You Get What You Pay For

Updated: Nov 1, 2021

Amongst professional groomers, there is often the debate about what prices to charge for different breeds and styles. In starting my own grooming business, I have been thinking a lot about this so that I can offer the best service and value for money whilst remaining a viable going concern.

The nearest comparable business is probably a hairdresser and the prices we pay there. So, maybe it would help to use this as a starting point.

We are polite when we go in, tell the hairdresser how we want our hair and sit patiently while our hair is washed and styled.

Our dogs, however, come into the groomer as an unknown quantity. A consultation with the owner and assessment will include size, breed and temperament as well as the condition of the coat, including any matting or other issues such as allergies or infestations. We also complete record cards and consent forms that need to be read and signed by owners.

After you leave your dog with us they are brushed through, pre-clipped, have their paw hair and nails trimmed. We then have to either carry them or persuade them to get into the bath to be shampooed from head to toe and after, carried to the grooming table for drying and styling. We will quite often scissor the legs, scissor style the feet and their head before finishing by cleaning the ears and giving them an additional deodorising spritz.

The products we use often cost a lot more than human shampoos and conditioners, and the equipment, blades and scissors, constantly need to be replaced. Washing and particularly drying of the coat - which can take up to an hour even with a powerful groomers dryer - takes up a lot of time so utility bills such as electricity and water are high.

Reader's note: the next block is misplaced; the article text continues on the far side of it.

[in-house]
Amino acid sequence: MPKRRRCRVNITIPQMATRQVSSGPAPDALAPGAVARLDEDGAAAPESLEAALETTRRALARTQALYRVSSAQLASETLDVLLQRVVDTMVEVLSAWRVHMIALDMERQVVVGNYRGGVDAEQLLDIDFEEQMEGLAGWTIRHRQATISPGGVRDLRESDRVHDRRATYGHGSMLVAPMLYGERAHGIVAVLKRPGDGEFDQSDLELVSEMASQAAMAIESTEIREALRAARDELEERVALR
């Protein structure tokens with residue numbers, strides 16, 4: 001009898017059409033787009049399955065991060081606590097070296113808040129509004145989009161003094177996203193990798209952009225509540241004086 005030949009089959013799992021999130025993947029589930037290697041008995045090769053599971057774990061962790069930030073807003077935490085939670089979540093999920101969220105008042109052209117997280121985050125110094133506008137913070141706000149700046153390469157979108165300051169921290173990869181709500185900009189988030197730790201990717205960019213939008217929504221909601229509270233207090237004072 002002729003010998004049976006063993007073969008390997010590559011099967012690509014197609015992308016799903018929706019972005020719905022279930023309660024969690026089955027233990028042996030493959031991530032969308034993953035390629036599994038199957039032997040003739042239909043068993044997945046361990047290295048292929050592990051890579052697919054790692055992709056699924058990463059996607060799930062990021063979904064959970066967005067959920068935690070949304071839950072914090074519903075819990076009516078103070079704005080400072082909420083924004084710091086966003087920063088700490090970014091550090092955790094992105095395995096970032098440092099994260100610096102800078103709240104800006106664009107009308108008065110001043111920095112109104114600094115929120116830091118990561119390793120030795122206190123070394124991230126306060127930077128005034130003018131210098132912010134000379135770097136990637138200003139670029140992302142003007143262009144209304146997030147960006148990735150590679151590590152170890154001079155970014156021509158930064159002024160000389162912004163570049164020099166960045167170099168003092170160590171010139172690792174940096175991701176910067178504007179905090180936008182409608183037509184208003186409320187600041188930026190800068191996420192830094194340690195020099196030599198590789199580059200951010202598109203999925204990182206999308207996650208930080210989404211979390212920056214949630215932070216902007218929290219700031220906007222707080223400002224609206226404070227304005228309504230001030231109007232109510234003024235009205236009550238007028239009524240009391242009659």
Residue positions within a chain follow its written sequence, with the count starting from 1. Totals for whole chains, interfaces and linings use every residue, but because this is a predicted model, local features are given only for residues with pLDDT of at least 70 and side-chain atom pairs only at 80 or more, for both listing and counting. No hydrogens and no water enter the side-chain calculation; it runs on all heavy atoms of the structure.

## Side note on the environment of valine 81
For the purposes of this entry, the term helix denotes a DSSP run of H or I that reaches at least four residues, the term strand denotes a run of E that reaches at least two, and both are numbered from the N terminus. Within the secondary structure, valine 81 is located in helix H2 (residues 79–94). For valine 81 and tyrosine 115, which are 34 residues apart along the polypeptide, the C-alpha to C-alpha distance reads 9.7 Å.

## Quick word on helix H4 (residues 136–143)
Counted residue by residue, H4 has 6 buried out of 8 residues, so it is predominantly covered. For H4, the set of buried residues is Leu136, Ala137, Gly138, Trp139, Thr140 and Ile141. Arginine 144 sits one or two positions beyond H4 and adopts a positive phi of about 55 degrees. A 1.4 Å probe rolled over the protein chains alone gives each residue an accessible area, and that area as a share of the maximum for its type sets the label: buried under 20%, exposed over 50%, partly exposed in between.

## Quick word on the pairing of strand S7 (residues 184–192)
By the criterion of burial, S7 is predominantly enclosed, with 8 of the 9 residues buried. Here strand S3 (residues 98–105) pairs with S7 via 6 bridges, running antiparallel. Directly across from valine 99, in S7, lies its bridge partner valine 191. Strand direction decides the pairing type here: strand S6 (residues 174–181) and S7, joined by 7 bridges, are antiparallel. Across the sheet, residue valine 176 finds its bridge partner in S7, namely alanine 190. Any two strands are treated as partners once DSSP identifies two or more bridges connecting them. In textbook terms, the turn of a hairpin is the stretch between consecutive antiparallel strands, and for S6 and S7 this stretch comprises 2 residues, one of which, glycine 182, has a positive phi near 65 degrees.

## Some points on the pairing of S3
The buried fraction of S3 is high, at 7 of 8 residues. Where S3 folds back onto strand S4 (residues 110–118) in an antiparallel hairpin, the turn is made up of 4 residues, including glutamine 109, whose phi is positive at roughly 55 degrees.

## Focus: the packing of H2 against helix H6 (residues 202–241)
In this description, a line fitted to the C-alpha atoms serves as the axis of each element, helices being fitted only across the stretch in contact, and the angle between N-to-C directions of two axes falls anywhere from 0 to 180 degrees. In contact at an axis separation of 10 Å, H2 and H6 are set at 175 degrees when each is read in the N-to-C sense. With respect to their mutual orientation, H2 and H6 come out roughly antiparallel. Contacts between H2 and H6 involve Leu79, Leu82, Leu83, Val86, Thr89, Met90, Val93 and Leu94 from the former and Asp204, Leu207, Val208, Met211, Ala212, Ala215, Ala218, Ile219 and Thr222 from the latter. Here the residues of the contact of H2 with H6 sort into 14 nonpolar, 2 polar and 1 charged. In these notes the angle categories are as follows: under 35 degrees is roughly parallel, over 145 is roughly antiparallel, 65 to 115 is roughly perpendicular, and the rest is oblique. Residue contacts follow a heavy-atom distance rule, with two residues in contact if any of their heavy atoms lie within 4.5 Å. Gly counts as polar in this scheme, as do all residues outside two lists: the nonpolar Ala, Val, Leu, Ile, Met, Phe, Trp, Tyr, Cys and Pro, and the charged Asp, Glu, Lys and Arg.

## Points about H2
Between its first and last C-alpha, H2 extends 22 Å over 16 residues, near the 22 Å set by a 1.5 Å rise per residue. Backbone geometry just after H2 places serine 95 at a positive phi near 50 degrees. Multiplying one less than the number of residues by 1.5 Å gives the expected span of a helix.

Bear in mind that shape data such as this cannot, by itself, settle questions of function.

If we were just styling their head, of course it would be cheaper but we are styling the whole dog.

Unlike humans, whether a Miniature Yorkshire Terrier or an Irish Wolf Hound, all dogs may fidget, they might poo on the table or could need considerable pre-grooming to remove knots or matting before the proper grooming can begin. Dogs don't always let you know when they have had enough and a bite from a client’s dog could leave the groomer unable to work for some time or even permanently disable them.

We humans tend to go to the hairdressers because we ‘fancy a change’ but we generally wash and brush our own hair daily and there are rarely any serious issues to contend with.

As responsible dog owners, we also take pride in how our four legged friends look but it’s more important than just style. A well-groomed dog will be healthier and, therefore, happier. Removing dead hair with regular brushing reduces matting and associated skin issues but a regular trip to the groomers keeps a manageable coat length, and going skin deep all over the body, the groomer is often the first person to find any underlying cuts, bumps or other concerns that may need veterinary attention.

So, when your Groomer quotes a price for your dog’s groom, you actually get very good value for money.

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